English Comp.3 Sec#9
What new notions appear in this chapter?
The idea of why man’s destiny is to destroy the Earth is introduced. Man’s
destiny, as we have learned from Chapter 1 to Chapter 4, is to conquer and rule
the world. He may do as he wishes to his territory, the pile of dirt that was made
for him. And so his conquest is to destroy the world, believing there is no
limitation, that the world is a “bottomless pit” (80). But man does not wish for
destruction, he wants peace and paradise on Earth. However, due to his inborn
flaws, man continues to ruin what is supposed to be paradise. His imperfections
come from his lack of knowledge of the way to live. Ultimately, because there is
no absolute knowledge of the way to live, man continues to mess up Paradise.
Also, he will never have this knowledge because, according to Mother Culture,
there is no one righteous way to live. Hence, man destroys the Earth not because
he means to but because he does not know how to live and how to stop the
destruction. After all, how do we make a perfect world when we are, ourselves,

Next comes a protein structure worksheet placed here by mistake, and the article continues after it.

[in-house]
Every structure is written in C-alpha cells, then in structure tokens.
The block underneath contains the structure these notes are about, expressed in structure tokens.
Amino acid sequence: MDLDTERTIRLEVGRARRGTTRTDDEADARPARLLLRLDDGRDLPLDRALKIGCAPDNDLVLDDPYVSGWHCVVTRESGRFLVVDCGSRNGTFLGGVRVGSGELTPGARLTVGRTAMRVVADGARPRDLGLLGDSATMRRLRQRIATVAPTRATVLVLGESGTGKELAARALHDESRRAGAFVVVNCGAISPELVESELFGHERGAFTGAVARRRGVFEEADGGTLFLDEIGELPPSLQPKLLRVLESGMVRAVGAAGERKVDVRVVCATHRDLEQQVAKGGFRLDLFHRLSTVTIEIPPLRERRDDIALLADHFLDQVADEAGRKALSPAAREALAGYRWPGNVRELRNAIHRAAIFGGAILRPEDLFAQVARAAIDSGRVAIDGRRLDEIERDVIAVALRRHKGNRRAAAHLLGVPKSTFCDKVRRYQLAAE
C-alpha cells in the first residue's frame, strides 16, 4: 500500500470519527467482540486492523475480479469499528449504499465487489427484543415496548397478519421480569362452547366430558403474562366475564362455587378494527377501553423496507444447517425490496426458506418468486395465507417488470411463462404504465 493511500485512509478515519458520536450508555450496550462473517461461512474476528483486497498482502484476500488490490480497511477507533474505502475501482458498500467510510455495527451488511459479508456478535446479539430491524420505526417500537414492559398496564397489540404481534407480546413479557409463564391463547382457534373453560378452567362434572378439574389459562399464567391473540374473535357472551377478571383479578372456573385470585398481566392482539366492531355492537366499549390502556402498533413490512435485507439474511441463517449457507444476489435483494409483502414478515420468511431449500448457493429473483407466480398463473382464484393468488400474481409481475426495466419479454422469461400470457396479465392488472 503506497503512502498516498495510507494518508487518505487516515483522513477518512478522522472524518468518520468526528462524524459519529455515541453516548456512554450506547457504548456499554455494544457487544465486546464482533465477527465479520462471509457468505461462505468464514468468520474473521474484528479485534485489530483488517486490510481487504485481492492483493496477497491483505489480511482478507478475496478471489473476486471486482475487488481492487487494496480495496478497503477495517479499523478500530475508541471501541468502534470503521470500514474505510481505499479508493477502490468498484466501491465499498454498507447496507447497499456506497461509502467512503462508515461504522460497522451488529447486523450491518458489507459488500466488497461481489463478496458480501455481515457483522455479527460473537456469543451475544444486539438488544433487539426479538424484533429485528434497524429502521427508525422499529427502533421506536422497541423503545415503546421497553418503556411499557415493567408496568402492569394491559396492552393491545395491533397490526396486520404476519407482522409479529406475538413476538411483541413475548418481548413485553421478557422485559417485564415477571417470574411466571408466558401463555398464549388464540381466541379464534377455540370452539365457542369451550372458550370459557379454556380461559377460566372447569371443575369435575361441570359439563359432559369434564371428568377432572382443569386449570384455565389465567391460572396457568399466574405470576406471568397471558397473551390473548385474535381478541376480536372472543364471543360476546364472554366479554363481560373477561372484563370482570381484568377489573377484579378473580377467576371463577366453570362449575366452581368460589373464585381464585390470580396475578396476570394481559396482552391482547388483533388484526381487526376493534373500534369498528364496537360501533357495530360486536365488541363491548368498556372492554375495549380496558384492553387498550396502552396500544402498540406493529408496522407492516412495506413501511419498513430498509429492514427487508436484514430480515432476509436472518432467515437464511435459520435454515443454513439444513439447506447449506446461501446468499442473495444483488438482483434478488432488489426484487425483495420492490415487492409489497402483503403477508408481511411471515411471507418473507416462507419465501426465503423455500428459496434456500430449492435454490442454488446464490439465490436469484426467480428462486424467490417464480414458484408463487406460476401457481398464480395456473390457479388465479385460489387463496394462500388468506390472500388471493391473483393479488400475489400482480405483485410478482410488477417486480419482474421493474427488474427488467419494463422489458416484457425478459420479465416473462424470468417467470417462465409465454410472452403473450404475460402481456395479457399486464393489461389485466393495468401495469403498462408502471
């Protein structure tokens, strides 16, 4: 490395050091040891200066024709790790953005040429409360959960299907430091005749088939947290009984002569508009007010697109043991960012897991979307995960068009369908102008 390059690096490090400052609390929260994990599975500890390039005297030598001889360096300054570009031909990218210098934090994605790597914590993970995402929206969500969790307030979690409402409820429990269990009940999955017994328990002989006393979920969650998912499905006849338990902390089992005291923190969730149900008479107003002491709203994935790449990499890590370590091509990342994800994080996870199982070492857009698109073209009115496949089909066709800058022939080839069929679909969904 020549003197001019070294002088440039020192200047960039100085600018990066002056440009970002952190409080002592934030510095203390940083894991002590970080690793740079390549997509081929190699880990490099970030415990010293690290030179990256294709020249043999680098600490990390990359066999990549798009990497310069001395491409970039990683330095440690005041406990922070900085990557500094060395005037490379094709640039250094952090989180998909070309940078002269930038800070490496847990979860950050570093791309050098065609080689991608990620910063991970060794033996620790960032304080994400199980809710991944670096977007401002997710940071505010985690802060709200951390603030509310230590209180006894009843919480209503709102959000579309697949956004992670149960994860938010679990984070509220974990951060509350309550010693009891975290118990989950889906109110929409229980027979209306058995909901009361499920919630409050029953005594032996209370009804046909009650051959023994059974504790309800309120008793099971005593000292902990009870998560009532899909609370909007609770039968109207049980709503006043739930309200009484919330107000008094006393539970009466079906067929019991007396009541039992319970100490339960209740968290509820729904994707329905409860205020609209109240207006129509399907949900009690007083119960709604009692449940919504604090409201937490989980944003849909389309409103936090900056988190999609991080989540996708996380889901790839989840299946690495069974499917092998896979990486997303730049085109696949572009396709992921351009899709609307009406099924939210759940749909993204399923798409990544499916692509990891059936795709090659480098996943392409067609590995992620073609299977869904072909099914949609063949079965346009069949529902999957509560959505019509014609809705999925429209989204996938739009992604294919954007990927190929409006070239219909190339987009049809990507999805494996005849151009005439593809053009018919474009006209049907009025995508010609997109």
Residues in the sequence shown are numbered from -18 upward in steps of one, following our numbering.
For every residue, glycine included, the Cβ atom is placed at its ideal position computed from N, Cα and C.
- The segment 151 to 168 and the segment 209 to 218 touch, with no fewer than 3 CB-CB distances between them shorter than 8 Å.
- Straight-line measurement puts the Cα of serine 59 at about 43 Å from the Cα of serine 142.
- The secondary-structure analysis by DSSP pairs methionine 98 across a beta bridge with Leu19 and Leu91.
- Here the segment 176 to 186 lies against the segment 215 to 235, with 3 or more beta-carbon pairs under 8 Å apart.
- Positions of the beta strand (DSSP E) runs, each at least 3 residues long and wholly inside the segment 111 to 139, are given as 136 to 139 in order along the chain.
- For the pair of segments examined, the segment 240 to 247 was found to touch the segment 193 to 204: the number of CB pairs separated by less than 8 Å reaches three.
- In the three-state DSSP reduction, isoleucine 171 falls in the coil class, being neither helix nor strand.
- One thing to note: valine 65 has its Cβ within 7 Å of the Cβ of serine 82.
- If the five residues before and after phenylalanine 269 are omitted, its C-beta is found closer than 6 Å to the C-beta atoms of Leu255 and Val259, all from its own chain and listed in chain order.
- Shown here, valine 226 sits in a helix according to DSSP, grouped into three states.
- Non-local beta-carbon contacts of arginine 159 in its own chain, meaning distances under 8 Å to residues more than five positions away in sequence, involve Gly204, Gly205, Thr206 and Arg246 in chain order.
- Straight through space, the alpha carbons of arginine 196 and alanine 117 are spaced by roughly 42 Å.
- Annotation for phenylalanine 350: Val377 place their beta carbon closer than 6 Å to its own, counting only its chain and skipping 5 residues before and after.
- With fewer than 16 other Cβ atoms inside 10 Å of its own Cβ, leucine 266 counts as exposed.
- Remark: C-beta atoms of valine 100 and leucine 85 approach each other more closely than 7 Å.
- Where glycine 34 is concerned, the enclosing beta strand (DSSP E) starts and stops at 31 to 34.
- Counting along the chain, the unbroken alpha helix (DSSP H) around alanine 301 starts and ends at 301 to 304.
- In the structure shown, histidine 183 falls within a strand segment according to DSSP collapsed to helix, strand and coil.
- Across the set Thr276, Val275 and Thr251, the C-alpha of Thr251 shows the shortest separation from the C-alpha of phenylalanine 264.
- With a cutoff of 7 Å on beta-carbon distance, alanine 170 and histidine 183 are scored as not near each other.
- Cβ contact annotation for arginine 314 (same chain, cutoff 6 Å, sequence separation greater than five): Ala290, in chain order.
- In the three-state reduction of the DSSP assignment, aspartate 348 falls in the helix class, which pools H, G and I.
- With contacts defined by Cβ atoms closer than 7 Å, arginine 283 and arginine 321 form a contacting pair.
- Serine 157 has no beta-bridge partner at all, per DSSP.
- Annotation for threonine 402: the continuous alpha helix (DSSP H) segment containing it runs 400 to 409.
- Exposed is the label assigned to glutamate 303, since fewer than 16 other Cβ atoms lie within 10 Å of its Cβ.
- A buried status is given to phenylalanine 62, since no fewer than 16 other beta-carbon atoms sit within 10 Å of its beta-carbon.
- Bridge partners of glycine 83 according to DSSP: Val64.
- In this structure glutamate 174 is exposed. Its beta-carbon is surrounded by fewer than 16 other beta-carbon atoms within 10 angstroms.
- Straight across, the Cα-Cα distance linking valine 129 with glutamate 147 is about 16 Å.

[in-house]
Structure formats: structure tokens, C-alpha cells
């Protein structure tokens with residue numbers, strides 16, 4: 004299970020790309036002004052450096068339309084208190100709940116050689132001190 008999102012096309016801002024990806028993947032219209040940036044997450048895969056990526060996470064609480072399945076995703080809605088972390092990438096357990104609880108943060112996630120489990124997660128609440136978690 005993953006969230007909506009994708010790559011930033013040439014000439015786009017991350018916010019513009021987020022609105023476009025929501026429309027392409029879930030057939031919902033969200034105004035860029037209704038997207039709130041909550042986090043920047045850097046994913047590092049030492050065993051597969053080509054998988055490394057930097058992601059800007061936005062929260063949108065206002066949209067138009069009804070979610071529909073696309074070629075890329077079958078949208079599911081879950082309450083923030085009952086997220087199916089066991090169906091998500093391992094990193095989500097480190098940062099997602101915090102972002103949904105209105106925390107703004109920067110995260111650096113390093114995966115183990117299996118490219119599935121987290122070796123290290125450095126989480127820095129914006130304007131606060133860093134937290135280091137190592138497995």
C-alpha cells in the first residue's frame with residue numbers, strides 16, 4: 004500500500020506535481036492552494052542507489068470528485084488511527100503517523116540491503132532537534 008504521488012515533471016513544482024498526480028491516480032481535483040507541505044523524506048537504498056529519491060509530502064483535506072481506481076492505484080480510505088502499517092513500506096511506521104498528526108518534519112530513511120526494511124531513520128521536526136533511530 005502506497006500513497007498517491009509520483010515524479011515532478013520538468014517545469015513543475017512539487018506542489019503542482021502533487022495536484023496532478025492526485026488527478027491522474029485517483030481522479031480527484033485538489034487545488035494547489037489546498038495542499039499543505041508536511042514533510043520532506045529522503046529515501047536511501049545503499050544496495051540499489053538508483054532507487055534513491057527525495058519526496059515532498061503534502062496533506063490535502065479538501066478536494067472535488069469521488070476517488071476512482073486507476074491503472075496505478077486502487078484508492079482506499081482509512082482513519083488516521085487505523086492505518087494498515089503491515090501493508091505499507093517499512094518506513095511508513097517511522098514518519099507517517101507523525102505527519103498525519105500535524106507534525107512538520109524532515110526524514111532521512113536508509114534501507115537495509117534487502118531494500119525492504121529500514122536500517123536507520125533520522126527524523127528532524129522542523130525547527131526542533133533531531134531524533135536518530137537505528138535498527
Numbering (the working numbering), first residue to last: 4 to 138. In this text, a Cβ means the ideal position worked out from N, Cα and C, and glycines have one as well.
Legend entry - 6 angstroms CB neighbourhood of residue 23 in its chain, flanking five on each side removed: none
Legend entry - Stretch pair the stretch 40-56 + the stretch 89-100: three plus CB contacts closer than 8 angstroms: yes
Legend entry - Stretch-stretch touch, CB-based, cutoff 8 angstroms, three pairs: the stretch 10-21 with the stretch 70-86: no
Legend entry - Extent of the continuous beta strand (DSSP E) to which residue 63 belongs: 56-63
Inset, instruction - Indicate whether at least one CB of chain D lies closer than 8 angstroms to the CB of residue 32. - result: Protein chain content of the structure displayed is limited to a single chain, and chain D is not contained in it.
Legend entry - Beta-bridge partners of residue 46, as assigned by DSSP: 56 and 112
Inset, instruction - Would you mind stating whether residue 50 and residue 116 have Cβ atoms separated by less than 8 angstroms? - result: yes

flawed? Going back to The Tragedy of the Commons by Garret Hardin, there
would not be a tragedy without the flaws of mankind. If man is not selfish, instead
of seeking to maximize his own benefits and exploit commons or public
resources, man, perhaps, would realize his responsibilities and protect the Earth.
What is the role of prophets in Taker civilization (according to Ishmael)? Why do
you suppose they have not helped humanity solve its problems?
The role of prophets in Taker civilization, according to Ishmael, is to tell man
how to live; what to do and what not to do. Also, I believe that as the Takers, we
have prophets to put our faith and hope in when things get tough on Earth. They